Today Rep. Peter DeFazio (D-OR) responded to the newly released report from the American Society of Civil Engineers (ASCE) that assigned our national transportation infrastructure system a near-failing "D+' grade. Without increased investment, the report concluded that over the next seven years businesses would lose $1.2 trillion in sales and families would lose $611 billion due to transportation delays, blackouts and brownouts, and water main breaks. Our rapidly deteriorating infrastructure system would cost American families an average of $3100 a year in disposable personal income by 2020.
"Over the next seven years, we have a projected deficit of about $1.6 trillion in our infrastructure system if nothing changes. That's as much money as the unnecessary war in Iraq cost us. According to ASCE, if we don't address this investment gap in our infrastructure, by 2020 our economy will lose $1 trillion in business sales, $3.1 trillion in Gross Domestic Product, and 3.5 million jobs will be lost. If we want to maintain economic growth and international competitiveness, we are going to have to do a lot better than a near-failing "D+'," said DeFazio.
The ASCE report comes on the heels of a report from the Congressional Budget Office, which announced that the Highway Trust Fund (HTF) will face a small balance by the end of fiscal year 2014, and a --$7.1 billion shortfall in fiscal year 2015. Since the HTF cannot deficit spend, the impact of the shortfall would be dramatic and could be felt much sooner.
If the HTF reaches this shortfall, Congress would be forced to choose between borrowing money to continue this vital investment, finding new revenue to increase investment, or cutting off funding and jeopardizing millions of Americans jobs, our economic competitiveness, and safety.
"If we don't do something soon, the Highway Trust Fund will drop to near zero some time in 2014. Transportation investment will drop from today's $50 billion of annual investment, which is not sufficient to even deal with the deterioration of our system, let alone build out a more efficient 21st century system. That's hundreds of thousands of lost jobs. That's accelerated deterioration of the system. This prospect is unacceptable. We must find a long-term, sustainable solution," said DeFazio.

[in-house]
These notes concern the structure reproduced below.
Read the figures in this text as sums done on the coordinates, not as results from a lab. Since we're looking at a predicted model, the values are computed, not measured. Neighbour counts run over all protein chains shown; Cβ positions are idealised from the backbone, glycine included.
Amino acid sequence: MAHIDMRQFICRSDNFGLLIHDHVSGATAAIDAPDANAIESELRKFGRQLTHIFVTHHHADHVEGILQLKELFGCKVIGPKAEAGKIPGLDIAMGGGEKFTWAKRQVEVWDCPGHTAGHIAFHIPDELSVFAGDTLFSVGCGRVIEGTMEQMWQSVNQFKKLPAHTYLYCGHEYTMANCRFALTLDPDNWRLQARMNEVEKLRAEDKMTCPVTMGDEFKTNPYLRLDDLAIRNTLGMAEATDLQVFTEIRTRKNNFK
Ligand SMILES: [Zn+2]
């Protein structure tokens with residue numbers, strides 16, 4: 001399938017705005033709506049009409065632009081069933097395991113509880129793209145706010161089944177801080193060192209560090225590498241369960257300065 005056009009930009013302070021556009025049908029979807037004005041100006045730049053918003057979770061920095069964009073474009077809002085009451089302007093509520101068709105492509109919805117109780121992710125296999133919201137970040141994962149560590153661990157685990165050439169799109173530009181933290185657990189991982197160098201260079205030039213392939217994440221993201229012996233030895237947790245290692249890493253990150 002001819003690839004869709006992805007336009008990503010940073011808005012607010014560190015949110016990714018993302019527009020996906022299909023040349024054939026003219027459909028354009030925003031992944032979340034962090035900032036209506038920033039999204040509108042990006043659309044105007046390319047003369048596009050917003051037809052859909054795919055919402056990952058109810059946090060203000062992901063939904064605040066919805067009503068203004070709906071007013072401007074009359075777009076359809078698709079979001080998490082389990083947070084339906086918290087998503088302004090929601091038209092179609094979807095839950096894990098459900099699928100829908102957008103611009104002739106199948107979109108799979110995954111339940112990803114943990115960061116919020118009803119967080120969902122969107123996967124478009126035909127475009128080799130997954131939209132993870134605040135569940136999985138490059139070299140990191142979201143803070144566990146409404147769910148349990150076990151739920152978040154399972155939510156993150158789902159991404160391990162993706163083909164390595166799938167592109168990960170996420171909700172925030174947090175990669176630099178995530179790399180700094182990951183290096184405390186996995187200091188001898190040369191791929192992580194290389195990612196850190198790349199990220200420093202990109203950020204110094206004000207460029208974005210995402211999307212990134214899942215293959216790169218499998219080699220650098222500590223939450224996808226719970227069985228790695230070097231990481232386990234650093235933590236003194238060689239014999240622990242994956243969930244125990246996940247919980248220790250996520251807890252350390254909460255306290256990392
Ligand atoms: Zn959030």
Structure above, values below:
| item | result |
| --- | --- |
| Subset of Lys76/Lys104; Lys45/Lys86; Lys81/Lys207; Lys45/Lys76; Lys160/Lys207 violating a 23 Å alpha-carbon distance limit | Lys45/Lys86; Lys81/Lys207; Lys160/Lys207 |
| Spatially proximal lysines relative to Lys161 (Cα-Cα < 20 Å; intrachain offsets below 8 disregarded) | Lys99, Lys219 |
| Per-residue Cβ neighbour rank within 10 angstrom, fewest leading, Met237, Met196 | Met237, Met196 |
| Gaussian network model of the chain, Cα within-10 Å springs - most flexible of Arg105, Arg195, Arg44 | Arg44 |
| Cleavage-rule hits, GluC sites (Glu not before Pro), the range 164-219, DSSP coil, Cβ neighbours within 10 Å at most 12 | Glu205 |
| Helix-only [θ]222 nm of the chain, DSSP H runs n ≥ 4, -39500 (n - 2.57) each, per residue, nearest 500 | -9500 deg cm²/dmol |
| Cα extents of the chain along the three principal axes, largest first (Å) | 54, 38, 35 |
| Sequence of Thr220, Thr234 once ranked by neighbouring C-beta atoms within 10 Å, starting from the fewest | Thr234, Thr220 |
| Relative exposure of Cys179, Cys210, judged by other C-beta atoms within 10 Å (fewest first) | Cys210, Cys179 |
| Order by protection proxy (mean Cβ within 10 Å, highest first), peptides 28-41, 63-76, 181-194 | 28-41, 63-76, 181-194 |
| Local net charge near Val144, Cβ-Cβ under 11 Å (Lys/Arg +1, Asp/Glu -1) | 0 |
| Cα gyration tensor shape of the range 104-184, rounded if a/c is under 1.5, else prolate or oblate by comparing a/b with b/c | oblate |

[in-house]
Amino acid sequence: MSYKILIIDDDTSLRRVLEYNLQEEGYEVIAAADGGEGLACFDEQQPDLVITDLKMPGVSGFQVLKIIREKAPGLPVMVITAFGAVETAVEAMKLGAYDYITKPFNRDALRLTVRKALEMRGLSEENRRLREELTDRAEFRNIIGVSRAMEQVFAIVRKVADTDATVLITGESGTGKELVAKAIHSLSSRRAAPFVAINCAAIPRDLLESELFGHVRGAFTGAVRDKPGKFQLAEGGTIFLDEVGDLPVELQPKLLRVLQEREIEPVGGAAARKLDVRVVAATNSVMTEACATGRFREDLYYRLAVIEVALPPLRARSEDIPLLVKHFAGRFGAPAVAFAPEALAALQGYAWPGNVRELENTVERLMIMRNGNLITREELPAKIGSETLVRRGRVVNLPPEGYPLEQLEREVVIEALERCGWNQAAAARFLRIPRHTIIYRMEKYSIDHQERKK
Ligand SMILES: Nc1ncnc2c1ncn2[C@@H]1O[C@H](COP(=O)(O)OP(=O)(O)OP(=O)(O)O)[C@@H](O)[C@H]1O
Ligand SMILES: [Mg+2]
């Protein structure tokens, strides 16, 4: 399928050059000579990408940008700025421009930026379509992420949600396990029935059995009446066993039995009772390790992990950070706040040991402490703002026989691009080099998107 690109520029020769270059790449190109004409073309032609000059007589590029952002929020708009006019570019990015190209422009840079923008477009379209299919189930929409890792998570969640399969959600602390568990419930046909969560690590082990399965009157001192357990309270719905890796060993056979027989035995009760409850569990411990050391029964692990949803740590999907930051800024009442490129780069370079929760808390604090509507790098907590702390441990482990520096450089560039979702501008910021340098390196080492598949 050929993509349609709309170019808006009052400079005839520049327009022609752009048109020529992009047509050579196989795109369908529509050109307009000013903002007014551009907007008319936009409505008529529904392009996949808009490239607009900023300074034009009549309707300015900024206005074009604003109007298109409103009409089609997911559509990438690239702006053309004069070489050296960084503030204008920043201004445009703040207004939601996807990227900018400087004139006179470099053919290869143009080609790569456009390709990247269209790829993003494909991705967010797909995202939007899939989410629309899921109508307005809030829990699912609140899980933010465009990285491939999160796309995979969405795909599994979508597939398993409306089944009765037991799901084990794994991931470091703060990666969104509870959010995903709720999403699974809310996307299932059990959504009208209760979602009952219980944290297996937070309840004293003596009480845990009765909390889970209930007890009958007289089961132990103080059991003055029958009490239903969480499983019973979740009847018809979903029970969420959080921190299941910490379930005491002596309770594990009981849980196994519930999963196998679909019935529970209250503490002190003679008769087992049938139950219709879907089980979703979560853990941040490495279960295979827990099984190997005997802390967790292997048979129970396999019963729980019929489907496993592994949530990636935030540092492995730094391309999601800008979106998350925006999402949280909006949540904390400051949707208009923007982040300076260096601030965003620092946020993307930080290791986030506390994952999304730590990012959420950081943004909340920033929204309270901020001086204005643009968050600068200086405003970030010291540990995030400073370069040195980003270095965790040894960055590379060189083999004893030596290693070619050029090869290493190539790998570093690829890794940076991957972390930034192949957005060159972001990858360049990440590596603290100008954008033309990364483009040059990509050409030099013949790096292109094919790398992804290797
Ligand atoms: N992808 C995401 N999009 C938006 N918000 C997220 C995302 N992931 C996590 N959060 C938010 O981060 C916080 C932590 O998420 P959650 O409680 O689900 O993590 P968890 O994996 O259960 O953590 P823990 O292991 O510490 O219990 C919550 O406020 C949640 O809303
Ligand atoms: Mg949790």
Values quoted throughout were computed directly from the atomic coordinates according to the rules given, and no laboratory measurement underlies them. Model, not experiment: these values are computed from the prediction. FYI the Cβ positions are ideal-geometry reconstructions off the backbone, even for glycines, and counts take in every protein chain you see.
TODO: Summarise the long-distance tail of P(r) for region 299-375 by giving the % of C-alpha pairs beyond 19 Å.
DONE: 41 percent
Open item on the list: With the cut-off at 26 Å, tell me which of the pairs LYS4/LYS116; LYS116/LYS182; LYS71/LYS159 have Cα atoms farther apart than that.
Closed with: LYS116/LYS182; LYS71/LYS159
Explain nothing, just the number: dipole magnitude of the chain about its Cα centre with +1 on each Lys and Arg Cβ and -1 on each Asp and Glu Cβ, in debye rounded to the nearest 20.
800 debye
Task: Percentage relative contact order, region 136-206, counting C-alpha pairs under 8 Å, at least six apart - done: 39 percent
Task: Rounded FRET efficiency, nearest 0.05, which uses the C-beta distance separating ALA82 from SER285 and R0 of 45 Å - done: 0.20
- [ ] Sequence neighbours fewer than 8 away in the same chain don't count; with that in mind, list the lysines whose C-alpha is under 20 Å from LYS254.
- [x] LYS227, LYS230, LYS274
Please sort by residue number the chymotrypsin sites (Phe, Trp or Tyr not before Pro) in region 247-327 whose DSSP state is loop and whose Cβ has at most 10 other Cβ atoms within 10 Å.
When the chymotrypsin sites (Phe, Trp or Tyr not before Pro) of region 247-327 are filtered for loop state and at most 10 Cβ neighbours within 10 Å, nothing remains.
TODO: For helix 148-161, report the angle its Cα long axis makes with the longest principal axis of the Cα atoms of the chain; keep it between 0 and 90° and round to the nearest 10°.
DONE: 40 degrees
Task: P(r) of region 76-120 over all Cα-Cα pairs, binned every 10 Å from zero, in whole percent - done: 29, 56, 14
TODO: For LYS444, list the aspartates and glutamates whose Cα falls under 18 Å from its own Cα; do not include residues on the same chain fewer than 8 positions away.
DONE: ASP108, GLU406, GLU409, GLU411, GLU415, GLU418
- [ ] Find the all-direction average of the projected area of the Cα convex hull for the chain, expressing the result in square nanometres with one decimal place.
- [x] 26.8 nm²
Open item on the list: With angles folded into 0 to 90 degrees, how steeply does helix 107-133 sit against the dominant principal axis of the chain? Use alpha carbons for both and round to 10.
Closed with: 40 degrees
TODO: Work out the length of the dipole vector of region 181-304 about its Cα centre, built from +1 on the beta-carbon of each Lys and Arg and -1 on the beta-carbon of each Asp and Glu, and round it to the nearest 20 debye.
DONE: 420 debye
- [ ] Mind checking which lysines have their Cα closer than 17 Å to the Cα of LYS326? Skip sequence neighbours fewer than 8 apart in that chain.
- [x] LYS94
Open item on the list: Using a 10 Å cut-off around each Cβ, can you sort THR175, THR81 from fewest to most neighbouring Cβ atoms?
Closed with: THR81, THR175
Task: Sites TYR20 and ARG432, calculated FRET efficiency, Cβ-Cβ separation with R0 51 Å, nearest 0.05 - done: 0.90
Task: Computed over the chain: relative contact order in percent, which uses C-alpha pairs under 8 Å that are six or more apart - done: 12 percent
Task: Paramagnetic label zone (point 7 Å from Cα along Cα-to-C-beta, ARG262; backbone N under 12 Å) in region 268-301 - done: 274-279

DeFazio has proposed an idea that would fully fund the HTF and allow significant transportation investment that would begin to address our critical needs. His plan calls for a "double indexation" of the gas tax to both to fleet fuel economy (CAFE standards) and construction cost inflation. By indexing the gas tax to these measures, the HTF would not lose value when construction costs rise or when new CAFE standards kick in that require new cars sold in America to be more fuel-efficient. Double indexation could generate up to an estimated $177 billion in additional revenue over the next ten years.
DeFazio's plan would also take advantage of the record low interest rates by securing short-term Treasury bonds paid back over 10-years using the revenue from the indexed portion of the gas tax. This would address the HTF's eminent exhaustion in 2015, put millions of people back to work, and quickly begin to meaningfully address our most urgent transportation infrastructure needs.
DeFazio pitched the idea at last week's caucus meeting between President Obama and House Democrats, and is in ongoing communications with the White House.